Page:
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Retired park ranger recalls 1983 murder in Glacier

Retired park ranger recalls 1983 murder in Glacier

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MISSOULA — Visitors on Glacier National Park’s Going-to-the-Sun Road had a gruesome view the morning of July 12, 1983.

A battered body lay below the popular pullout for Heavens Peak known as Crystal Point.

Almost a year later, Scott David Steel was convicted of stabbing Frederick Pongrace and then dumping his body over the edge of the overlook, as well as for theft and interstate transportation of a stolen vehicle.

Thirty years later to the month, another body was found in The Loop area of the park.

Last week, 22-year-old Jordan Linn Graham was accused of second-degree murder after she allegedly pushed her husband over a cliff as they argued. Graham and 25-year-old Cody Lee Johnson had been married just eight days.

“This deal that they’ve got going now is a very, very sad deal, my goodness,” said Jerry Bell, a retired park ranger who headed the investigation into the 1983 murder.

Seared into his mind

Details from that investigation 30 years ago are seared in the World War II veteran’s mind.

“It didn’t happen very often. I’ve been involved in a lot of investigations, but not homicide, and it’s just something that stuck in my mind,” said Bell, who happened to be working the day Pongrace’s body was discovered in the park subdistrict he supervised.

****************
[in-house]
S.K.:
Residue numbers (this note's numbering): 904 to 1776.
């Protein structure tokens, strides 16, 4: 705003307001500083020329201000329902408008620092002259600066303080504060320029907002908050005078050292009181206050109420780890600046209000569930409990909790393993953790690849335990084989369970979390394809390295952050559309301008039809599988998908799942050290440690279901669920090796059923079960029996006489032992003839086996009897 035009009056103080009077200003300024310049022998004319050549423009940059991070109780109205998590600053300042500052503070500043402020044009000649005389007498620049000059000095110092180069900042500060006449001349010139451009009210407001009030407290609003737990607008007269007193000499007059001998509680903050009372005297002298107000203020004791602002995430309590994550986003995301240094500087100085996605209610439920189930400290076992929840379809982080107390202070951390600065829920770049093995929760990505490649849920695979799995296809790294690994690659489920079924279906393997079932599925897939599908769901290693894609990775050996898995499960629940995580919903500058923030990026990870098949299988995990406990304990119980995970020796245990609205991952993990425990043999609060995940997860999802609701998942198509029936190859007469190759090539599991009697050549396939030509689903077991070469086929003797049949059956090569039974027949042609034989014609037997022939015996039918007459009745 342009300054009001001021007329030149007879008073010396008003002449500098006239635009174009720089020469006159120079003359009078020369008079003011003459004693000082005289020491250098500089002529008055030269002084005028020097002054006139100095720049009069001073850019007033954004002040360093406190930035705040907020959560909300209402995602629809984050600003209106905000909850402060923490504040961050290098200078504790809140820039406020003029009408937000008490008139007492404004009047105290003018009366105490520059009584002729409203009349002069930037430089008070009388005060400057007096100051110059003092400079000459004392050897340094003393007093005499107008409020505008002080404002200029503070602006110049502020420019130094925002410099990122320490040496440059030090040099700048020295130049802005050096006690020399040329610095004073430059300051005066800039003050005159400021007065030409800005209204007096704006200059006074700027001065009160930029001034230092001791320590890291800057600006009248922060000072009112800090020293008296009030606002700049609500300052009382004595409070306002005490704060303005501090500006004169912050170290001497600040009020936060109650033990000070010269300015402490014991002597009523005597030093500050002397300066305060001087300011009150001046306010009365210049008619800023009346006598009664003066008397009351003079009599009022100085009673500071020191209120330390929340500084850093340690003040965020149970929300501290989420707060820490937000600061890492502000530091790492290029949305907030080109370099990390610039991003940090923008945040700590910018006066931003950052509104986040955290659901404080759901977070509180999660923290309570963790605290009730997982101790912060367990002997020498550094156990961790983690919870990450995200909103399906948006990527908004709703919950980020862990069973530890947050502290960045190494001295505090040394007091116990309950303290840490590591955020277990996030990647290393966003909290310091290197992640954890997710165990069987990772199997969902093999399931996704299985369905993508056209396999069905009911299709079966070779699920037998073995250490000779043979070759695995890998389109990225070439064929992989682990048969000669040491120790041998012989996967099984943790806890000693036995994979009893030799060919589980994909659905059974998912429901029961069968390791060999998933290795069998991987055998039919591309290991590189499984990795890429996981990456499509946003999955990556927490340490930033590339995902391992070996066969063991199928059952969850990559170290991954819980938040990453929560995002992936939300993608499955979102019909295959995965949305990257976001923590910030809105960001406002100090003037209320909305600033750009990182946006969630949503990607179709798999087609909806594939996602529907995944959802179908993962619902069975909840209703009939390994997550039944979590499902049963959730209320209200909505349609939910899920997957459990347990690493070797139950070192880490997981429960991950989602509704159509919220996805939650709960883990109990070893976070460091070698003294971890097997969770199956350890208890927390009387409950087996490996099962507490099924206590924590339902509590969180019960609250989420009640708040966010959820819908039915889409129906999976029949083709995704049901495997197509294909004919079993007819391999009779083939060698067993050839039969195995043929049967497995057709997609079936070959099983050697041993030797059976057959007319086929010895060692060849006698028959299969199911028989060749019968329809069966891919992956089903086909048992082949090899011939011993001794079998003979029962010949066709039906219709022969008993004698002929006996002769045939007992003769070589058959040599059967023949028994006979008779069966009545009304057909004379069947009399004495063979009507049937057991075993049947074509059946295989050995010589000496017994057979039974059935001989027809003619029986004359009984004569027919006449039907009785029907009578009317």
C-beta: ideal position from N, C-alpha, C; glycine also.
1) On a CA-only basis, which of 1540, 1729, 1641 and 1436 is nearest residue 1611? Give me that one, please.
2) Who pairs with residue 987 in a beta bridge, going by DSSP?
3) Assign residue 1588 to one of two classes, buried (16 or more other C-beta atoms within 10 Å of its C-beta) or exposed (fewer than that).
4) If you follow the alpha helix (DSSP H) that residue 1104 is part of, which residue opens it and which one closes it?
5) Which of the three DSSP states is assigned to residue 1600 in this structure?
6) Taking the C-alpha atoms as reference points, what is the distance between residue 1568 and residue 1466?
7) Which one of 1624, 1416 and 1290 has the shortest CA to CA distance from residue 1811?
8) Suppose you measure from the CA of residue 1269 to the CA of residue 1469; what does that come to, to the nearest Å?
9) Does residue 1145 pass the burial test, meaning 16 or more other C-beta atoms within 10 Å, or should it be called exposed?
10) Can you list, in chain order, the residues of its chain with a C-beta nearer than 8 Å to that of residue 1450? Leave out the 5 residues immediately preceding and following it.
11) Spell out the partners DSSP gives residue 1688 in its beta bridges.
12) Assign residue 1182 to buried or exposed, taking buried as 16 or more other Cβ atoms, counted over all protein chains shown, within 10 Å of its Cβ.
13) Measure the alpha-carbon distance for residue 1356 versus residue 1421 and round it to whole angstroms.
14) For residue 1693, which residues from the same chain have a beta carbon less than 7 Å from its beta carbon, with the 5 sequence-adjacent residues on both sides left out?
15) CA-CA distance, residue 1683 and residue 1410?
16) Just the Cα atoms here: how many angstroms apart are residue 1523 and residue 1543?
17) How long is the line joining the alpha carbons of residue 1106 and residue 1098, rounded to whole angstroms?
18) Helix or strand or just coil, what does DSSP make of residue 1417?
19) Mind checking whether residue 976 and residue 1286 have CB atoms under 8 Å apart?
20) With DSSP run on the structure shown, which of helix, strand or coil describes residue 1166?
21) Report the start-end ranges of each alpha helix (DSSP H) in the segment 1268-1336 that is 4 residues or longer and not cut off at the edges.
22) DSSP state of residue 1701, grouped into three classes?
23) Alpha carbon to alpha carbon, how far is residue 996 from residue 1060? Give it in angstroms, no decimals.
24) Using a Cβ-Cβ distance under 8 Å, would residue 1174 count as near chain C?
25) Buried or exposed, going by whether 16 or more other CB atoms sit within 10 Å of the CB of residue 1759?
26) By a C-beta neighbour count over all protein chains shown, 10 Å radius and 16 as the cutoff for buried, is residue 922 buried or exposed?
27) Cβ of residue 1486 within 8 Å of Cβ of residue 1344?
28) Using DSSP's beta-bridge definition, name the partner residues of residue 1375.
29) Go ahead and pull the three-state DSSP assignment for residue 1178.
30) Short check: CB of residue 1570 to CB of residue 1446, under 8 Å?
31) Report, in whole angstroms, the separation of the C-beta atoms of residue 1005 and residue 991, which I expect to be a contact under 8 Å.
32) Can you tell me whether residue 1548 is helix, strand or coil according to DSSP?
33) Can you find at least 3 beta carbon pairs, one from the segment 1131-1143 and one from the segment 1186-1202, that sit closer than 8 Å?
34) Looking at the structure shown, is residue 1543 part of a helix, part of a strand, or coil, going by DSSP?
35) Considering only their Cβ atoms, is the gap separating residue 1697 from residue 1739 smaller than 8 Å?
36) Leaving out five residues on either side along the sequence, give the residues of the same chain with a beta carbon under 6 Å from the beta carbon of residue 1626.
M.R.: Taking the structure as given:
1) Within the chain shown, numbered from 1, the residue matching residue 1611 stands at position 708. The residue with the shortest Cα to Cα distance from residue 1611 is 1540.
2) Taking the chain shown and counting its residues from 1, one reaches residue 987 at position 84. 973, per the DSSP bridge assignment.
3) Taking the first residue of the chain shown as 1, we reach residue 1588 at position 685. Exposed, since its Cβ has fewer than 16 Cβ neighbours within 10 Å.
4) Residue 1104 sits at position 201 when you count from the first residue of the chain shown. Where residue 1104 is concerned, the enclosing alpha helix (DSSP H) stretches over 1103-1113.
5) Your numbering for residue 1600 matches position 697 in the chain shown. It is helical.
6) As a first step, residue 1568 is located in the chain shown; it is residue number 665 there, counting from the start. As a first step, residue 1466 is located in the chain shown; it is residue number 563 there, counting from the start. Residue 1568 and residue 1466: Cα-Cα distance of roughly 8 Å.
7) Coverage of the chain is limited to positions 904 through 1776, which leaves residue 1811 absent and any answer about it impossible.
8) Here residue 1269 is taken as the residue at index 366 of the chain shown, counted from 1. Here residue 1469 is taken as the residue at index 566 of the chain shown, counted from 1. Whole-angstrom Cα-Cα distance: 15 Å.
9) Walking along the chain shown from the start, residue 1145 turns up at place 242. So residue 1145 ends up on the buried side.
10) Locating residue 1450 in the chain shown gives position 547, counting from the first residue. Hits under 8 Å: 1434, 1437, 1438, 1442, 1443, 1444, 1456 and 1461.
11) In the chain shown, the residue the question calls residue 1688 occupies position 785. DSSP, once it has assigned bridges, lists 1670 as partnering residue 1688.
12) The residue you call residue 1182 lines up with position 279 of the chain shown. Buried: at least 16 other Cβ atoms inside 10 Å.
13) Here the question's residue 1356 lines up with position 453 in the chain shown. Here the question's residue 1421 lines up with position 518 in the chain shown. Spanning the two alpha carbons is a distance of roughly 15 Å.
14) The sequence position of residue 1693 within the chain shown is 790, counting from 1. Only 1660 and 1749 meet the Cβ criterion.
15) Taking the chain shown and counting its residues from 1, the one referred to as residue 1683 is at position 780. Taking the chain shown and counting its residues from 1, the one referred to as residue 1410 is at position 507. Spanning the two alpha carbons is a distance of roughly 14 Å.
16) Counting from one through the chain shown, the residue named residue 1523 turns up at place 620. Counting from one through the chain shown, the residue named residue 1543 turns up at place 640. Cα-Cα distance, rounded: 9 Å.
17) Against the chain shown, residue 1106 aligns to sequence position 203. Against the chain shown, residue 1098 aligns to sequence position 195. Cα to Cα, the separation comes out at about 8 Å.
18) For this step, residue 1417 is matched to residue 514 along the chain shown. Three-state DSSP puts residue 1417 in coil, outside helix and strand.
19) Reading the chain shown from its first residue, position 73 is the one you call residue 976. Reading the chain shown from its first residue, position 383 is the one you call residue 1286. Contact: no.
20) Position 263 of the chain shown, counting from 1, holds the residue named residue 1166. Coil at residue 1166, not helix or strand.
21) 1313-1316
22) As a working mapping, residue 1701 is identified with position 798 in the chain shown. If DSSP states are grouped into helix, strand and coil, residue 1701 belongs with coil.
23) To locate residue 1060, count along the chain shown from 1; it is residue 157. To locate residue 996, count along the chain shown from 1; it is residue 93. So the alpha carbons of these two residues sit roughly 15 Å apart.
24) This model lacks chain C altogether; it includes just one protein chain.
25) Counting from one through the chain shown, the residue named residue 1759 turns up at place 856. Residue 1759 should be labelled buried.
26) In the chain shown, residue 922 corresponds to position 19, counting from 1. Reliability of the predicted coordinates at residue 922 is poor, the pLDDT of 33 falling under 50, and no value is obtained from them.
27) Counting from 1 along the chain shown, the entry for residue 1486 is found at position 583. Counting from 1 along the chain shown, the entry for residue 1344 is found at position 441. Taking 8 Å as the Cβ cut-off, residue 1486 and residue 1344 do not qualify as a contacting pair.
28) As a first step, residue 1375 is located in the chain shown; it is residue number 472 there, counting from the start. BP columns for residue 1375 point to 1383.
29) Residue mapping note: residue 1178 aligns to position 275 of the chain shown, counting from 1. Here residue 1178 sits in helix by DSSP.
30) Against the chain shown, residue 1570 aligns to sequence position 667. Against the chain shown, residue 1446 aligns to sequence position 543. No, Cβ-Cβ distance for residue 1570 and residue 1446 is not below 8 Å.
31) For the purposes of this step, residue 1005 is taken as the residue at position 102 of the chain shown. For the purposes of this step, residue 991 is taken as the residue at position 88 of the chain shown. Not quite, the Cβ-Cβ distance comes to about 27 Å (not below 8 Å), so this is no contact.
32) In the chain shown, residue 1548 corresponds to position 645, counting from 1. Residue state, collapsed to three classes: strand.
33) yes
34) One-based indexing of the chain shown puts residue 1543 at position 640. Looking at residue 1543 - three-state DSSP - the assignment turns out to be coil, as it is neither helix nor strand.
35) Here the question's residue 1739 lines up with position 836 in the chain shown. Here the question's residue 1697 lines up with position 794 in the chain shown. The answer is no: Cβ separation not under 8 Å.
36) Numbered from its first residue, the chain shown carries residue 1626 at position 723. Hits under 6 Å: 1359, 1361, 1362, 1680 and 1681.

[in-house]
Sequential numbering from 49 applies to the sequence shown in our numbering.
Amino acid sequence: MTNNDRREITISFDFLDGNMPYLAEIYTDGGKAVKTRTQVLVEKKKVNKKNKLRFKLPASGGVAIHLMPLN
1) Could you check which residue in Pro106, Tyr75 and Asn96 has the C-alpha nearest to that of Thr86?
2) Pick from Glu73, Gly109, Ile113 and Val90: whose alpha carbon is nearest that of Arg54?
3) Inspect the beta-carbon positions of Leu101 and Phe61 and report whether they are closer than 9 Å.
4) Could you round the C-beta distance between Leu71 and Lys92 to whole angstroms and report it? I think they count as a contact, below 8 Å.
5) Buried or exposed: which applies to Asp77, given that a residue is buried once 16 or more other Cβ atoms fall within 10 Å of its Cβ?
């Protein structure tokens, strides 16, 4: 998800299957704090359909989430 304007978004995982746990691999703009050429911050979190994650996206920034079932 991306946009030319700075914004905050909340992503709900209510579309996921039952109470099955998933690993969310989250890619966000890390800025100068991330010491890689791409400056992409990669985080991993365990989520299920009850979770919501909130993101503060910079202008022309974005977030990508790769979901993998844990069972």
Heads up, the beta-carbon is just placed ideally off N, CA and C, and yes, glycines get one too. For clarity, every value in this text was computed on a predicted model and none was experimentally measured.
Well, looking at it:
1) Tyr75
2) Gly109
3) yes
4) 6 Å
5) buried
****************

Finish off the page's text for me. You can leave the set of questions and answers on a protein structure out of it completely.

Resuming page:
The body was found below a 186-foot cliff, Bell said, “and it was banged up pretty bad because it’s a vertical drop and it’s solid rock terrain there.”

Four wounds in Pongrace’s abdomen didn’t seem like they had been caused by the fall, said Bell, who worked in the park for 30 years before retiring.

Before he could determine whether a murder occurred, though, Bell had to identify the man below the cliff.

An inch and a half of rain overnight had washed the crime scene clean.

“So any evidence of blood or foul play wasn’t there,” Bell said.

No ID was found on the body, but a vehicle registration for a 1968 Volkswagon van was found in a billfold.

The van was registered to Pongrace and a woman who turned out to be his sister. Bell called the number for the woman and got a positive identification on Pongrace, who had just gotten out of the military and was headed to Seattle for a new job.

Pongrace’s itinerary

“He was very well organized. He had everything written down. His parents knew what he was doing,” Bell said, adding that Pongrace’s itinerary included a stop at a Volkswagon convention in Minneapolis and a stop in Glacier Park.

Bell put out an all-points bulletin for the van and had a stroke of luck in the form of a phone call from the sheriff’s office out of Cut Bank.

A man with a big black dog and a van matching the APB had been in an altercation with campers at the Shady Grove Campground outside of town. The man had pulled a knife on the other campers.

“The driver was not involved, but he had a passenger and the passenger had a big black dog,” Bell said.

“Now, I knew (Pongrace) had a passenger. That’s the important thing, and the van was gone, so I assumed, well, the guy stole (Pongrace’s) van,” he added.